Motive, Means, and Opportunity: Why NSA Secrecy Should Worry Us All

No profile picture available.

Even if you haven’t studied criminal law, you’ll immediately understand the concept of motive, means, and opportunity.  Motive is you wanted to kill the victim.  Means is you were holding a loaded gun. Opportunity is the victim was standing right in front of you. Without all three, you can’t have a motive-based crime.

When it comes to domestic dissent, the government always has a motive. It’s just human nature to see ourselves as noble and good and our detractors as malignant.  And indeed, the historical evidence for the proposition that governments tend to view dissenters as the enemy is overwhelming: see CointelproProject Minaret; and Project Shamrock for just a few recent historical examples, or the Obama administration’s unprecedented campaign against whistleblowers for something more contemporary. Glenn Greenwald has more in an excerpt from his new book, No Place To Hide: Edward Snowden, the NSA, and the US Surveillance State (#6 in the Amazon store so far, and it’s only been on sale for a few hours).

So the government will always by virtue of human nature itself have a motive to take action against dissent. It’s critical, therefore, that the government be denied means and opportunity. And this is what’s so alarming about everything Edward Snowden has revealed to us. The programs — Boundless Informant and Prism and XKeyScore and far too many others to list here (thank you, Wikipedia are the means.  Secrecy is the opportunity. Combine new programs with ever more far-reaching secrecy and the motive that will always exist, and you get what NSA whistleblower William Binney called “turnkey totalitarianism.”

Of course, the national surveillance state wants us to think that whatever dangers might be inherent in this unprecedented combination of governmental motive, means, and opportunity, it’s all worth it because otherwise The Terrorists will slaughter us all in our beds. Which is why it’s so important that journalists call bullshit on this tactic, and prove that in fact much of America’s gargantuan surveillance apparatus is directed at industrial espionage, not terrorists. If we want to risk the likely results of a system of turnkey totalitarianism to make ourselves safe from The Terrorists, I guess that’s one thing (although…really?). But running those risks for some marginal economic advantage? That’s another conversation entirely, and apparently one the national surveillance state doesn’t want to have, given how much lying it does about what these surveillance programs are about.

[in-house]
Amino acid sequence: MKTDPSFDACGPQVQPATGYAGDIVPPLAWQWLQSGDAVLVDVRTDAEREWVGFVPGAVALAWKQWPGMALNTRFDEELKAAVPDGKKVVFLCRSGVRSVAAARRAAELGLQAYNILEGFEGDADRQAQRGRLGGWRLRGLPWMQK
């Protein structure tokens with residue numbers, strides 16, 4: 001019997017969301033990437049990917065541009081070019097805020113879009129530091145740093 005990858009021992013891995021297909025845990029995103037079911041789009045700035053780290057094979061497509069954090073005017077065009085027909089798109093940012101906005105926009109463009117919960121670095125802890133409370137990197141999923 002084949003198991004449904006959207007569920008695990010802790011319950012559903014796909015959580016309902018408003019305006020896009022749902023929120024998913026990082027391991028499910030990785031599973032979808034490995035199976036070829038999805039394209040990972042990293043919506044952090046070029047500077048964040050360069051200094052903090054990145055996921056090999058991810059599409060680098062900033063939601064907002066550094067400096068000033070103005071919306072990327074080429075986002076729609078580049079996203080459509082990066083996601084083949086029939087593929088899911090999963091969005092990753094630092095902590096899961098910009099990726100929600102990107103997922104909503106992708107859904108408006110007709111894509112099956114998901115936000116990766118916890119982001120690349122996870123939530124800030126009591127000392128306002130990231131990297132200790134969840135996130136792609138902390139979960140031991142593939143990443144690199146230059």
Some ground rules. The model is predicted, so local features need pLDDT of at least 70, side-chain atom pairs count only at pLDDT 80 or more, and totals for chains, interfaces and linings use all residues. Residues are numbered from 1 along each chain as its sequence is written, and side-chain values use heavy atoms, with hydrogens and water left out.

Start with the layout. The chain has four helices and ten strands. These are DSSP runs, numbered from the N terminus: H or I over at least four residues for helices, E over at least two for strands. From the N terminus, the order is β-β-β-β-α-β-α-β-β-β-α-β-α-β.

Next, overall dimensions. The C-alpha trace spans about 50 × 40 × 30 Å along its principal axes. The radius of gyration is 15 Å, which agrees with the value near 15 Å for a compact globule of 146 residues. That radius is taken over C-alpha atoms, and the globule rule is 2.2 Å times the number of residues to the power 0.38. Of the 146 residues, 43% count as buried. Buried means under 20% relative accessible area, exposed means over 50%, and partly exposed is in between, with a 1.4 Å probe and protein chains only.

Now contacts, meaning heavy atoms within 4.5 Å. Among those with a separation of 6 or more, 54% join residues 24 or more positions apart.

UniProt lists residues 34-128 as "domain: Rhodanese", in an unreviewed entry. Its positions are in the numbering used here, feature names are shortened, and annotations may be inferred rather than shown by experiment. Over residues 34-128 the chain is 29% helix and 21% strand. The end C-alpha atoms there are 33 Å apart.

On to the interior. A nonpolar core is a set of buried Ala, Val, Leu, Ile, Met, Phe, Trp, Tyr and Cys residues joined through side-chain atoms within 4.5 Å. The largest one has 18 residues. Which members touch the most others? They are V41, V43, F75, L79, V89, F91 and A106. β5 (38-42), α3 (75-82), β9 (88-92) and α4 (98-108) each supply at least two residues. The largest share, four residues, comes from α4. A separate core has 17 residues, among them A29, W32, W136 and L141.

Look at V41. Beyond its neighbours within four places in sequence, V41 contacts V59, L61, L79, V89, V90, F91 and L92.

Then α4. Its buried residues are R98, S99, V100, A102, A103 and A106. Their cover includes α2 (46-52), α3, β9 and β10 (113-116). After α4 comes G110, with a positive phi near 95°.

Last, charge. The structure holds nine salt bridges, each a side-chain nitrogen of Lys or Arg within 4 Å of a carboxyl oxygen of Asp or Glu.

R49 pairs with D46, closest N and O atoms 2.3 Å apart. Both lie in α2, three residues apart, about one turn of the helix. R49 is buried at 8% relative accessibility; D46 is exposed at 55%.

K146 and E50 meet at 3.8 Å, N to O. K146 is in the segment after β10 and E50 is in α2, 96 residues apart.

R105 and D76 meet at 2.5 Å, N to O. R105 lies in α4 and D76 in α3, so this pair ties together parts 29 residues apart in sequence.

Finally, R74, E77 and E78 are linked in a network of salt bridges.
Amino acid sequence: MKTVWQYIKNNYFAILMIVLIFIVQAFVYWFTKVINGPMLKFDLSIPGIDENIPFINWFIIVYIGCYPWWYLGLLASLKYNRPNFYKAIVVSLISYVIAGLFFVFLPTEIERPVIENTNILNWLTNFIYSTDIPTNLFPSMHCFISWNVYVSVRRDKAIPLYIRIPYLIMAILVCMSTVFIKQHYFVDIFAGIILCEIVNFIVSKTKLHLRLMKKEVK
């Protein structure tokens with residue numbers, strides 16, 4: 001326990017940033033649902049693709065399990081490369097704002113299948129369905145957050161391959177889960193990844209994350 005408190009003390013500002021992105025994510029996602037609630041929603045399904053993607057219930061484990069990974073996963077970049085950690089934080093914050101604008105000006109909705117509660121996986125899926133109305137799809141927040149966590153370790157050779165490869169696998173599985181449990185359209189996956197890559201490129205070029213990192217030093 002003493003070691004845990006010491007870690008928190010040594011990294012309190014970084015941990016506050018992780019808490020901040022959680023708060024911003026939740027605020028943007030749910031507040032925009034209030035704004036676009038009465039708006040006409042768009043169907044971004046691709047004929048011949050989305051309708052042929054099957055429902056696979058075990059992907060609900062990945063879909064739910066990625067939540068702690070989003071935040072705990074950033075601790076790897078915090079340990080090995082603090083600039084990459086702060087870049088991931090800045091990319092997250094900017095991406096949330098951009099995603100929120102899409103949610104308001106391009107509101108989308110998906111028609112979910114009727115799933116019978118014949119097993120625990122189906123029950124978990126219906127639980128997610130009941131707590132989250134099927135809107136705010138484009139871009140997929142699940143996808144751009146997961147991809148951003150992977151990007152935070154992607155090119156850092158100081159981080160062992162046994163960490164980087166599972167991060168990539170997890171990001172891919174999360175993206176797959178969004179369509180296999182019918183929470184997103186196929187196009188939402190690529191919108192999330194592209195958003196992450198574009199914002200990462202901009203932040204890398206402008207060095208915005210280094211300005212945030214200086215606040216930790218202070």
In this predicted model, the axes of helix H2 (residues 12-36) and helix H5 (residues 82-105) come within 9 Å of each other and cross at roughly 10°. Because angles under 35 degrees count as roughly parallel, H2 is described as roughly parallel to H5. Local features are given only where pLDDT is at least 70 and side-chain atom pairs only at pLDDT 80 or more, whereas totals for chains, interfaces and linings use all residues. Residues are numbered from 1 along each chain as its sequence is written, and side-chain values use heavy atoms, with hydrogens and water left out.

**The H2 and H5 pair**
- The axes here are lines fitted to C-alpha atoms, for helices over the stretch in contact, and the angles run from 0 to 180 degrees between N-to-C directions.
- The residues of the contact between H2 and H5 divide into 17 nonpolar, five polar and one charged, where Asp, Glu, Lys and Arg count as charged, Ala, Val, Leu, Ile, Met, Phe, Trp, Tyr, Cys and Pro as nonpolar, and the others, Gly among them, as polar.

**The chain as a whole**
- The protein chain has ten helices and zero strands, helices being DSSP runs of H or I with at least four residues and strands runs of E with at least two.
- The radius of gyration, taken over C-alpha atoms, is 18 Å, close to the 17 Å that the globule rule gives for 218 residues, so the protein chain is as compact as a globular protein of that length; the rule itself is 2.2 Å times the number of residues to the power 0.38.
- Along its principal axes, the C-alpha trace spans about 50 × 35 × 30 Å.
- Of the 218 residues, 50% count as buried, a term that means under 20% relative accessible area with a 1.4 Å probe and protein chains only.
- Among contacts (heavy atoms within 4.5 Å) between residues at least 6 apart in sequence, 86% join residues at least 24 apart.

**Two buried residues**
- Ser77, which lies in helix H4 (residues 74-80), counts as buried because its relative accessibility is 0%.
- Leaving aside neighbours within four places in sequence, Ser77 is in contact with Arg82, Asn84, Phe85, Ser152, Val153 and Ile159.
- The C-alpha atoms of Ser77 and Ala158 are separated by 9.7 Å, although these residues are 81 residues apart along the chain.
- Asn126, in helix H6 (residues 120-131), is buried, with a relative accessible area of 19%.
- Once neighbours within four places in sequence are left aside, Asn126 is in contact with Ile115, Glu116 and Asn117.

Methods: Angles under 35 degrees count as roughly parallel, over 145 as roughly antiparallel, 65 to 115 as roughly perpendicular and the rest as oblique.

And look, I’m sure the national surveillance state is staffed and run by many well-intentioned people   This is as universally true as it is irrelevant, despite the strenuous efforts of authoritarians like Alan “torture warrants” Dershowitz and former CIA and NSA head Michael Hayden to argue otherwise.  People almost always think their motives are good, even when they’re doing terrible things.  There’s even a name for this profound aspect of human nature:  the Fundamental Misattribution Error   We judge ourselves (and the organizations, factions, countries, and cultures with whom we identify) by our intentions and others by their actions.  (Here’s Digby with some thoughts on an amazingly pristine example of the FMA at work in the mind of reporter Matt Bai as forgives all the sins of former president Bush because he knows they were well intentioned.)

As the NSA itself says in its own slides, it aims to “Collect it All”... “Process it All”... “Exploit it All”... “Partner it All”... “Sniff it All”... “Know it All.” They don’t just have the motive, they’ve told us they have it. If they get away with means and opportunity, as well, we won’t be able to say we weren’t warned.

Barry Eisler is a best-selling thriller author who spent three years in a covert position at the CIA Directorate of Operations. You can read more about his work at his website